A prime time show on Israel Army Radio, which falls under the authority of the defense minister, broadcast the following at the end of December: “I want the people of Israel to know that the elected prime minister, who is supposed to make decisions, protect our children and provide us with security, lives in an abnormal household. Just so.” This harsh comment, which was widely quoted by other Israeli media, was made by a longtime former employee in the prime minister’s residence after she testified to the police about the alleged misuse of public funds in Prime Minister Benjamin Netanyahu’s homes.
“Believe me,” the employee said, “even the battery of the most powerful attorneys placed at her [Sara Netanyahu] disposal doesn't truly believe in what it is doing.” She confirmed reports that Sara Netanyahu is allegedly a heavy drinker. “I saw her in the house, not steady on her feet. I am willing to undergo a polygraph test about this,” the woman said. She is one of a host of former employees, household staff and friends who underscore the observation that the most crucial decisions affecting the people of Israel are made in “an abnormal household” on Balfour Street.
And after all this, that same disgruntled employee, who fears for the fate of her children, nonetheless said, “I am one of Netanyahu’s voters and my entire family votes for him.” All polls indicate that if Israelis were summoned to the ballot box today, they would send the Netanyahu family back to that same “abnormal” house that is the the prime minister's residence. In regard to the government’s helplessness in the “knifing intifada” many Israelis respond, “Well, what do you want? Is Buji [nickname of opposition leader Isaac Herzog] any better?” or “Is Netanyahu to blame that a Palestinian youth, inculcated with [Palestinian President] Mahmoud Abbas' incitement against Jews, murdered a woman in cold blood in front of her children? What’s that got to do with the occupation?”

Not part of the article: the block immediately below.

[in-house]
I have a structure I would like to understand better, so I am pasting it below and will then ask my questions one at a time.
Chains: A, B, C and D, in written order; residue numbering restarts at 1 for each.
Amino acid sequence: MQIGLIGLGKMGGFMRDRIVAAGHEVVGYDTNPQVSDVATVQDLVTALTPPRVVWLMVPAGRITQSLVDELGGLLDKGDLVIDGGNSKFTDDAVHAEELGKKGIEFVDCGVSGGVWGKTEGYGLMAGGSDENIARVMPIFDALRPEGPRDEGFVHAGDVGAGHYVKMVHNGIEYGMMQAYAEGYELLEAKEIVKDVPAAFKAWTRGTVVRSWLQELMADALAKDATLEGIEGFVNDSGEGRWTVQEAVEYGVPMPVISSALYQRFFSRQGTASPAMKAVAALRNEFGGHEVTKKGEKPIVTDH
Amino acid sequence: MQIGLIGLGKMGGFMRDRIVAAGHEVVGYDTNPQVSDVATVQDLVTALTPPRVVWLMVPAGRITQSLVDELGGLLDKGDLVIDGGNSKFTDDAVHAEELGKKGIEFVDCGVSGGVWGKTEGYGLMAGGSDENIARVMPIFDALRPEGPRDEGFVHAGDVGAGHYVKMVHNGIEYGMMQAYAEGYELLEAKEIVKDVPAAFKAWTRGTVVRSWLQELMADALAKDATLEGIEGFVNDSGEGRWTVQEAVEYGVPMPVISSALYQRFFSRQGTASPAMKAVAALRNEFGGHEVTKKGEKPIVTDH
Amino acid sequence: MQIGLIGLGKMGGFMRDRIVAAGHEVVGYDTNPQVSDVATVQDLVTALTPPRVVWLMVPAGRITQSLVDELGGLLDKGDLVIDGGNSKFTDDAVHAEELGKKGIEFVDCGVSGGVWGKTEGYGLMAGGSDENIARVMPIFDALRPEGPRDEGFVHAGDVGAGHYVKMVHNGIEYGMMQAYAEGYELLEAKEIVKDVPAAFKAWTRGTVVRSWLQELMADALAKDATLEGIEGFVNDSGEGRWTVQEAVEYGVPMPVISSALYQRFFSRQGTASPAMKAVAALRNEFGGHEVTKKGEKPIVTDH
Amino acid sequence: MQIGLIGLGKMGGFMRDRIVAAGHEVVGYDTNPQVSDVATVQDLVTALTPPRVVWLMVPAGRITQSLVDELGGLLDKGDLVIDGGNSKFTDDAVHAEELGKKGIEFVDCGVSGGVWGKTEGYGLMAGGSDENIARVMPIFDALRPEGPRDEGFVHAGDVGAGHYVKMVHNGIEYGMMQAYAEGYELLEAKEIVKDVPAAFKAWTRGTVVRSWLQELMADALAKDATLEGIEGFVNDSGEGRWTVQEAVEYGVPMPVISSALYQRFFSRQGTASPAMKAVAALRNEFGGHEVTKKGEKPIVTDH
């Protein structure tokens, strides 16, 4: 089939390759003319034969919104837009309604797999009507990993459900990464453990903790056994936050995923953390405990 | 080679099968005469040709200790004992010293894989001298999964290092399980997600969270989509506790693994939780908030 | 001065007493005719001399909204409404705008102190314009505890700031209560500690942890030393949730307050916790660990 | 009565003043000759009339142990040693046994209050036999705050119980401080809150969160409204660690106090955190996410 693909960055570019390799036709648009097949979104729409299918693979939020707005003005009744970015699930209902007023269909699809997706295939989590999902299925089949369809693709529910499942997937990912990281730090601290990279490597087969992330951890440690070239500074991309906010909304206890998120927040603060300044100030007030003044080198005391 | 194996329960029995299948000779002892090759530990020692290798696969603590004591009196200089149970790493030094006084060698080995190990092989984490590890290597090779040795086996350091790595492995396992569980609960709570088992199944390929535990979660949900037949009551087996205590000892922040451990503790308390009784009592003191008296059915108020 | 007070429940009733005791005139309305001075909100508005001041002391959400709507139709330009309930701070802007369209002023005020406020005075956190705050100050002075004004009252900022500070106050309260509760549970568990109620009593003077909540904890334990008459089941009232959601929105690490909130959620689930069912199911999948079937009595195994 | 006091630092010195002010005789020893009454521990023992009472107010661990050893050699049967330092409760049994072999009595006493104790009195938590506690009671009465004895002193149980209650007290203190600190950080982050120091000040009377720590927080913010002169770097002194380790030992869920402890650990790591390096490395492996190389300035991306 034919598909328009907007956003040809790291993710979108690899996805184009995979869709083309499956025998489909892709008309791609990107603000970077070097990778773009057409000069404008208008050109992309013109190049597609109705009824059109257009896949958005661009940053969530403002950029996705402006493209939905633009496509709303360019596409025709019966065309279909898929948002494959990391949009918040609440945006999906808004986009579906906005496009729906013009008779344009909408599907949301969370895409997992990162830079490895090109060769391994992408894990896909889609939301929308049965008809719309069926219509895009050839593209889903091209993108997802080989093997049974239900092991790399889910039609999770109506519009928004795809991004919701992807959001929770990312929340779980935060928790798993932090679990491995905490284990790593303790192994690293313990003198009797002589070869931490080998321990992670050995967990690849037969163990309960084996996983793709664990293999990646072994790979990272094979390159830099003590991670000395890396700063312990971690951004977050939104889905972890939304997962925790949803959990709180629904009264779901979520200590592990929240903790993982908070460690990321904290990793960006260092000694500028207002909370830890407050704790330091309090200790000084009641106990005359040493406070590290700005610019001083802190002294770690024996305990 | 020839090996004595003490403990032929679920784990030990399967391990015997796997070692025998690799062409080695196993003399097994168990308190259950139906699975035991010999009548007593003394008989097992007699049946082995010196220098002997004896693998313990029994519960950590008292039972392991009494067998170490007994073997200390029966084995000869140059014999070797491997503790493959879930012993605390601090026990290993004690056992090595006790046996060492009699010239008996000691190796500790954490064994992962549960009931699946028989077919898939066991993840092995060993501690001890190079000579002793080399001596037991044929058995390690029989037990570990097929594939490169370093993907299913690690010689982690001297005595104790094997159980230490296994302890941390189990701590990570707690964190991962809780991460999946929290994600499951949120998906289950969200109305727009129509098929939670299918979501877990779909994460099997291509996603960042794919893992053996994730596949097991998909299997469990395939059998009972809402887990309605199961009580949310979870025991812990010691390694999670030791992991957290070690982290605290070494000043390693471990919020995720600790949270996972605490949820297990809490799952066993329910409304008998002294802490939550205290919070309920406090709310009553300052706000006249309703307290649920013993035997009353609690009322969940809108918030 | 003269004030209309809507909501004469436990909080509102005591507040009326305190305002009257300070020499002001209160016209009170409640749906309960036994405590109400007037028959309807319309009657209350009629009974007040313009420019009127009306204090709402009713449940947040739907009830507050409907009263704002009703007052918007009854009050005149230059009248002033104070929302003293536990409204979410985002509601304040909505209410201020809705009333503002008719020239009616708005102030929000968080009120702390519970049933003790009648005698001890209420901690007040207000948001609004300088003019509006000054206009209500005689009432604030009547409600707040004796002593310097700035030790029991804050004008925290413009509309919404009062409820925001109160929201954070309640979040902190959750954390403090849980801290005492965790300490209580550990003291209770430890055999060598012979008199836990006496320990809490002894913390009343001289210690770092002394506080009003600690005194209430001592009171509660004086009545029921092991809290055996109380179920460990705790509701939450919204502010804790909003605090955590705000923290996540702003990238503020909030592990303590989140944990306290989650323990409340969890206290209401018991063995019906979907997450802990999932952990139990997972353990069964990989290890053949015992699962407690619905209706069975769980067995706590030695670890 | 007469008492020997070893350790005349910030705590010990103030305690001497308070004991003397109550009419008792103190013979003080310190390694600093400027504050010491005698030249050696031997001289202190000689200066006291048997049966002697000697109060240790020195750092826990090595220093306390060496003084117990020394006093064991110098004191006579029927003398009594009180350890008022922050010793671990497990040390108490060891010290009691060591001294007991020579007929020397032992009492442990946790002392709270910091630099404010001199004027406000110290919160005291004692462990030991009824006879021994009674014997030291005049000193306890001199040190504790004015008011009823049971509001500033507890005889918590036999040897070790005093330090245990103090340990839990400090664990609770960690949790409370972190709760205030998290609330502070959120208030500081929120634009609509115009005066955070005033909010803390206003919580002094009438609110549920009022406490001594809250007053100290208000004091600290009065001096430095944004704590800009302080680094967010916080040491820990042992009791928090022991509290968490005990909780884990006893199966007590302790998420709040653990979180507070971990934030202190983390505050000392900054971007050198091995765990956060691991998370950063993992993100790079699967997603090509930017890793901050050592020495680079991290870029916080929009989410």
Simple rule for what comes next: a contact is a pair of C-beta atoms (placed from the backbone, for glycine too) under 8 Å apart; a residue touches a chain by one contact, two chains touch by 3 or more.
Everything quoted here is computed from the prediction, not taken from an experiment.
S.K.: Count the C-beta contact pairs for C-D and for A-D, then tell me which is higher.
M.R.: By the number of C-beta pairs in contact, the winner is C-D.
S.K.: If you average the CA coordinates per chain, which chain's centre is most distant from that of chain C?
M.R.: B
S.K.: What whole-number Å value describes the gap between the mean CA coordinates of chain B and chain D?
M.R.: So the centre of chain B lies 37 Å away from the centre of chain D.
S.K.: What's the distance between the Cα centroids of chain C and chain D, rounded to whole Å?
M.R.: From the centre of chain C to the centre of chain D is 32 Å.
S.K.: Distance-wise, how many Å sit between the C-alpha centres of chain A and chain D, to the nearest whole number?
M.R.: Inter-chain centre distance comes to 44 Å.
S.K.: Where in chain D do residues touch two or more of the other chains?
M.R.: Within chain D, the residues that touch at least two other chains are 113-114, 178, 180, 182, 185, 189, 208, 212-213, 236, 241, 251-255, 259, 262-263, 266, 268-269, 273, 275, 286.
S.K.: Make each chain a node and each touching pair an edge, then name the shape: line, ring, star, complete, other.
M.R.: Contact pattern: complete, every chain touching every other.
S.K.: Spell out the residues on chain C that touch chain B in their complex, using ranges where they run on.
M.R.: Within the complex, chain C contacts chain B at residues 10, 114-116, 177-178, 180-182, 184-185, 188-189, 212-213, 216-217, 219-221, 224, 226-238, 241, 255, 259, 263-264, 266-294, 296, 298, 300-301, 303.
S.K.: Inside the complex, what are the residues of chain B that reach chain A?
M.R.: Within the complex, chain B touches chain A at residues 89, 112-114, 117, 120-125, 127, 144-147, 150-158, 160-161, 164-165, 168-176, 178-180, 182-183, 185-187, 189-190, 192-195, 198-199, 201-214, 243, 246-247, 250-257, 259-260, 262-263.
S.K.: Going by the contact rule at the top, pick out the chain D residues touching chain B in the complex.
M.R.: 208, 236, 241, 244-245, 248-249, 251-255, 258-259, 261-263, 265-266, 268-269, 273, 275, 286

Israelis were largely oblivious to the unusual criticism voiced Jan. 18 by US Ambassador to Israel Dan Shapiro of Israel’s policy in the occupied territories. Shapiro said, “There seem to be two standards of adherence to the rule of law: one for Israelis and another for Palestinians.” The crisis in the relationship with Sweden over a comment by Foreign Minister Margot Wallstrom and the European campaign against the settlements are far less interesting to viewers of the “Big Brother” reality show than the snow that fell this week on Mount Hermon. Who cares that the Brazilian government is refusing to accept Netanyahu’s nominee as Israel’s ambassador to Brazil, settler and former Judea and Samaria settlement council leader Danny Dayan? How is Netanyahu even linked to the new report by the Organization for Economic Cooperation and Development that ranked Israel as the country with the highest poverty rates among the organization’s member states? So what if 21% of the country’s inhabitants are currently below the poverty line, compared with some 14% in the mid-1990s? In any case, most of the poor eventually vote for right-wing parties.